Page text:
News of a major hack into the website of Ashley Madison has spread across Florida and throughout the nation. The company has built a thriving business on connecting married spouses with individuals who are willing to cheat with regard to their own vows, although many of those people are now at risk of their account information becoming publicly available. Those behind the hack are threatening to release the personal information of Ashley Madison’s clients, both past and present. That could lead to an increase in divorce filings, as spouses learn that their partners have been searching online for opportunities to cheat.
While learning of an affair may prompt some spouses to seek a divorce, it is unlikely to play a major role within the divorce itself. That is because most states, including Florida, have “no-fault” laws in which a couple can seek divorce without giving a reason for the split. In those cases, infidelity will only become an issue in certain cases.
An example is found in a divorce in which one spouse’s cheating can be proven to have a negative impact on shared children. If a spouse has brought his or her paramour into the presence of the children, or has spent time engaging in cheating while he or she was supposed to be caring for the children, the affair could be brought up within the child custody portion of a divorce. This is especially true if the new love interest is in any way unfit to be around the children.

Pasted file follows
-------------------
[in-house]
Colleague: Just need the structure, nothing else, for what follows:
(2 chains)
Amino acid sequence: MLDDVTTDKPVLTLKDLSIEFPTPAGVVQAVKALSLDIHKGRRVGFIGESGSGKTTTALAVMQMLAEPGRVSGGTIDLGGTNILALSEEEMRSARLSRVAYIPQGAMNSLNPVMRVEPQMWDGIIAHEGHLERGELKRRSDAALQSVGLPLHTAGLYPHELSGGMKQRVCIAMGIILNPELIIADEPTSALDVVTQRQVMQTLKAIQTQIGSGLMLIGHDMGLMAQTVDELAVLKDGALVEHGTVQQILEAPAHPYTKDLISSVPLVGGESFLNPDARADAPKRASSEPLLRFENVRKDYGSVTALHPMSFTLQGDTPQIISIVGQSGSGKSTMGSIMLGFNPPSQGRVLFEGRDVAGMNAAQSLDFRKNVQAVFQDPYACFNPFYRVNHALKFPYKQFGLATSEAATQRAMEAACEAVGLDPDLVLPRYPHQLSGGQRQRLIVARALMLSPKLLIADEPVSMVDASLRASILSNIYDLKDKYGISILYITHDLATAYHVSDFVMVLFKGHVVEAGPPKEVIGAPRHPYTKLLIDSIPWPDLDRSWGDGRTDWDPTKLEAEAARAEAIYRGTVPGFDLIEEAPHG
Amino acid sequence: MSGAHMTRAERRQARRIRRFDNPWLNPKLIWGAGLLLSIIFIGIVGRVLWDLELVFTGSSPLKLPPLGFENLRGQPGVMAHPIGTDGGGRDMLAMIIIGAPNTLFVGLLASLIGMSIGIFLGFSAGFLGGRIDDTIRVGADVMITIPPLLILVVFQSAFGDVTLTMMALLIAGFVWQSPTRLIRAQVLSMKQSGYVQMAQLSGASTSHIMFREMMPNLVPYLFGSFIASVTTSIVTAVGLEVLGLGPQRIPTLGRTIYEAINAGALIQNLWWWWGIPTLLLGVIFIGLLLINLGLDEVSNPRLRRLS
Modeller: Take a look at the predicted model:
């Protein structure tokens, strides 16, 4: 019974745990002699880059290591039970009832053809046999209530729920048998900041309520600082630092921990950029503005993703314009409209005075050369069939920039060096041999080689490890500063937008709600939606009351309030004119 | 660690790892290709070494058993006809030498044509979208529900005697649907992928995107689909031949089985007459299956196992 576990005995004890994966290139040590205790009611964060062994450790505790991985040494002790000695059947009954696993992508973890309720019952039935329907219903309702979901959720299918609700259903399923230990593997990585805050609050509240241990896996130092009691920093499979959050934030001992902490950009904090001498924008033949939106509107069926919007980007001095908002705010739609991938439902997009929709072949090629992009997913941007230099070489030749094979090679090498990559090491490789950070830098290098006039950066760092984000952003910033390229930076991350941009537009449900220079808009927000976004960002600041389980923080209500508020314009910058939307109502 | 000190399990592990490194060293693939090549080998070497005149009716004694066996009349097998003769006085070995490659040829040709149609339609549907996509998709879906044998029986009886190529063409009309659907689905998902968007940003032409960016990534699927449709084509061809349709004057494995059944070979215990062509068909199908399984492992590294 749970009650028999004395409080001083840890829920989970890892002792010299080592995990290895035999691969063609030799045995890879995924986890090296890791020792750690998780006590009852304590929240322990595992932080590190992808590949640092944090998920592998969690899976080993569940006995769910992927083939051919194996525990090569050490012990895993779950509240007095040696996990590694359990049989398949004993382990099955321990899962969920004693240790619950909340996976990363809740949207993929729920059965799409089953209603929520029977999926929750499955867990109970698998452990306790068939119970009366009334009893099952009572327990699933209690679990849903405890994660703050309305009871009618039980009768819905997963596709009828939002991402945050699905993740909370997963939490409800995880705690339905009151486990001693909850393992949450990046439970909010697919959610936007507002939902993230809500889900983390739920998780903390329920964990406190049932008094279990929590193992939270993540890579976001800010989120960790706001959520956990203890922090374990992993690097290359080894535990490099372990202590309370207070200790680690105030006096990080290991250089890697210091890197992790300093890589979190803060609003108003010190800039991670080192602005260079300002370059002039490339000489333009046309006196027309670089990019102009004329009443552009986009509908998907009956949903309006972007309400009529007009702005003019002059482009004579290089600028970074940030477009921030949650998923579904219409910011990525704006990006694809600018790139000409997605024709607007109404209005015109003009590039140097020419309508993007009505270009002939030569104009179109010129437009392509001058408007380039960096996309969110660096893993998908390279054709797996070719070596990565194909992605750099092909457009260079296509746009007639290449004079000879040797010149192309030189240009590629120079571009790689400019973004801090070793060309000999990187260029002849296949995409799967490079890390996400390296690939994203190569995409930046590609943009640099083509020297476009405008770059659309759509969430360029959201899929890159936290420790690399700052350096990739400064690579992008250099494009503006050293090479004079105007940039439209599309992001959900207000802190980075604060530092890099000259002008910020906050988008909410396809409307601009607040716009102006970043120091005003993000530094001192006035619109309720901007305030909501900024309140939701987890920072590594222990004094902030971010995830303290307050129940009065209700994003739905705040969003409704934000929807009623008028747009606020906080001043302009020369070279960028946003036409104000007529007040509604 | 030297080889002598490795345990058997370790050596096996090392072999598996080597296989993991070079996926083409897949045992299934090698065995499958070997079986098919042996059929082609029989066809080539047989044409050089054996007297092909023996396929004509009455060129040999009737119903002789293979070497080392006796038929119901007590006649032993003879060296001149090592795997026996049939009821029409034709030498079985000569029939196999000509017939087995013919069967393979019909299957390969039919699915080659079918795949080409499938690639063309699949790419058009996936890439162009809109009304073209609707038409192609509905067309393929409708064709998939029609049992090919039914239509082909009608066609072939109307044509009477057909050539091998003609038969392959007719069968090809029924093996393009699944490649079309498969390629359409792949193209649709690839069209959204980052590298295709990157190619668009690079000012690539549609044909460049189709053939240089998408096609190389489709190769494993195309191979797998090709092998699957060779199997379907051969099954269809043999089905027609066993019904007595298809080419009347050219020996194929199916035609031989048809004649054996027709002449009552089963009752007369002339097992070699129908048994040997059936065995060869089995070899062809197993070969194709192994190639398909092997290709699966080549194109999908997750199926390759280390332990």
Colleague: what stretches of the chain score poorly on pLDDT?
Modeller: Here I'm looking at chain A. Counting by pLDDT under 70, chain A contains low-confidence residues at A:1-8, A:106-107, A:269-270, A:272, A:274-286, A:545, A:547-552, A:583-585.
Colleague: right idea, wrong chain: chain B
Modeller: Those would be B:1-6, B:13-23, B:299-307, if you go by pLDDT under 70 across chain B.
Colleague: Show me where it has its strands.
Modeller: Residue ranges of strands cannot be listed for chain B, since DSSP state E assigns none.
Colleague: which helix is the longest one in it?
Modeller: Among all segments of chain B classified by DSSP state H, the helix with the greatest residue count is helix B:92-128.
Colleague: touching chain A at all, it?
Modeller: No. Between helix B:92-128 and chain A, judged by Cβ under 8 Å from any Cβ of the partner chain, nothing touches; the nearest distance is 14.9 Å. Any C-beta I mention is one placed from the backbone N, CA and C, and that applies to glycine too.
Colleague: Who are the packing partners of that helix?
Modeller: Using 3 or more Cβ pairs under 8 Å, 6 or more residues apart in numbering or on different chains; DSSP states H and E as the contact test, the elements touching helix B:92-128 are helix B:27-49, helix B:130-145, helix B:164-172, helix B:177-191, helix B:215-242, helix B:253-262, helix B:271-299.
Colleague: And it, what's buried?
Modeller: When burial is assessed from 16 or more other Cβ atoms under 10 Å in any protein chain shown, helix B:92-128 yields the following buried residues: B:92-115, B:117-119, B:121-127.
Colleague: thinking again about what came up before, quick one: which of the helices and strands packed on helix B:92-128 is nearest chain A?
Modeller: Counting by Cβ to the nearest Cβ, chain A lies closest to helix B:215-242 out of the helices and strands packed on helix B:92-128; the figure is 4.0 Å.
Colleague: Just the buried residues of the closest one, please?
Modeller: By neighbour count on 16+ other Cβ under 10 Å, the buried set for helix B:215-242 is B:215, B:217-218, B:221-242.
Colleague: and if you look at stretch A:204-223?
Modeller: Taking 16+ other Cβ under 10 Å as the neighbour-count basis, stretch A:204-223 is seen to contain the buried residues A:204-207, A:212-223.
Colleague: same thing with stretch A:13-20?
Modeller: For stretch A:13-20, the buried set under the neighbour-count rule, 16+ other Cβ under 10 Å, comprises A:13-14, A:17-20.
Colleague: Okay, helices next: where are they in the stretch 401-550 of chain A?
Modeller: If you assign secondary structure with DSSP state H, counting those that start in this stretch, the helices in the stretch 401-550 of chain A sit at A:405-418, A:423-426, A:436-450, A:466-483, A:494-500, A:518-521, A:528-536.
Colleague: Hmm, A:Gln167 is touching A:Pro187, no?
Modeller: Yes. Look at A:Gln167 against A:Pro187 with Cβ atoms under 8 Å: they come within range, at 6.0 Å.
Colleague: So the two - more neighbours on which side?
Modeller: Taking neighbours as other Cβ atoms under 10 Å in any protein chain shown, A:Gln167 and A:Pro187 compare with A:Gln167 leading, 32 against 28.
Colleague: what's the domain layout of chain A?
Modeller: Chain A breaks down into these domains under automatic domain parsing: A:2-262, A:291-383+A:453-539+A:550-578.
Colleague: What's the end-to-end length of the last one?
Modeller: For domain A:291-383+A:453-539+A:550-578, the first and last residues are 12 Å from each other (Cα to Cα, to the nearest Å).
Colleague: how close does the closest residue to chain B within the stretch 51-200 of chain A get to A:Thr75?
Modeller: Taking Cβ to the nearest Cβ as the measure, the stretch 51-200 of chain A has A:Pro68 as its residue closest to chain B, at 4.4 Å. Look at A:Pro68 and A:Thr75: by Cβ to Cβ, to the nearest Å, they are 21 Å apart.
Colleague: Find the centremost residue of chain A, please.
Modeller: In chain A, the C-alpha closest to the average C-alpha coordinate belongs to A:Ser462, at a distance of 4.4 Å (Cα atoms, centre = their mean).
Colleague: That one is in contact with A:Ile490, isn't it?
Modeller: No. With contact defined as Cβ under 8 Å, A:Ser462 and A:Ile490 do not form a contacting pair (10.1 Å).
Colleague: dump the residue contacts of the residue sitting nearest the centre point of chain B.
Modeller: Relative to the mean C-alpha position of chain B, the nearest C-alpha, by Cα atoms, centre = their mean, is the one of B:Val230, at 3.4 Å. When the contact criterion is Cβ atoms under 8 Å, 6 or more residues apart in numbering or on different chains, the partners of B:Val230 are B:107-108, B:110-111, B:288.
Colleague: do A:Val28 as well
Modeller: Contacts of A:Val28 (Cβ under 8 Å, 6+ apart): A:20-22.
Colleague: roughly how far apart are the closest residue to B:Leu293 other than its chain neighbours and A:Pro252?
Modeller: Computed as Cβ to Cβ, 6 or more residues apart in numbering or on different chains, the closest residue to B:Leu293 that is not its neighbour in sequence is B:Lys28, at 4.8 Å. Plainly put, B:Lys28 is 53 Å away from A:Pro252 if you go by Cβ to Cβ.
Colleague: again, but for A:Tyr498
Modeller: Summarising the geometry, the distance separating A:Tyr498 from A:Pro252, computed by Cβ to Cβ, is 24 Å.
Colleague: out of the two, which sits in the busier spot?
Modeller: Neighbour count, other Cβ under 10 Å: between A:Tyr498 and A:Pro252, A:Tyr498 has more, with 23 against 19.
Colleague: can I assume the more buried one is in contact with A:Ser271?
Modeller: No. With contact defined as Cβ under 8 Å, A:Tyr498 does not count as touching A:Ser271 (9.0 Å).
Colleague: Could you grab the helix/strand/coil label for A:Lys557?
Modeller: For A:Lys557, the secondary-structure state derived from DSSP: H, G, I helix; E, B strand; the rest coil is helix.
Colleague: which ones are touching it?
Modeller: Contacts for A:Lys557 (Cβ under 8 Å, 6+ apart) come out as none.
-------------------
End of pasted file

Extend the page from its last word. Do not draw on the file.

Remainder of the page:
As for the property division portion of a Florida divorce, infidelity will most likely have little impact on the final outcome. Marital wealth is divided according to a set of mathematical formulas, and is not generally affected by the bad behavior of one spouse or the other. While the Ashley Madison hack could lead some spouses to seek divorce, it is unlikely that proof of having a past or present account with the morally questionable dating service will factor into the division of marital wealth.
Source: Forbes, “Ashley Madison Hack Would Mean ‘Boon for Divorce Lawyers and Marriage Therapists’“, Emma Johnson, July 20, 2015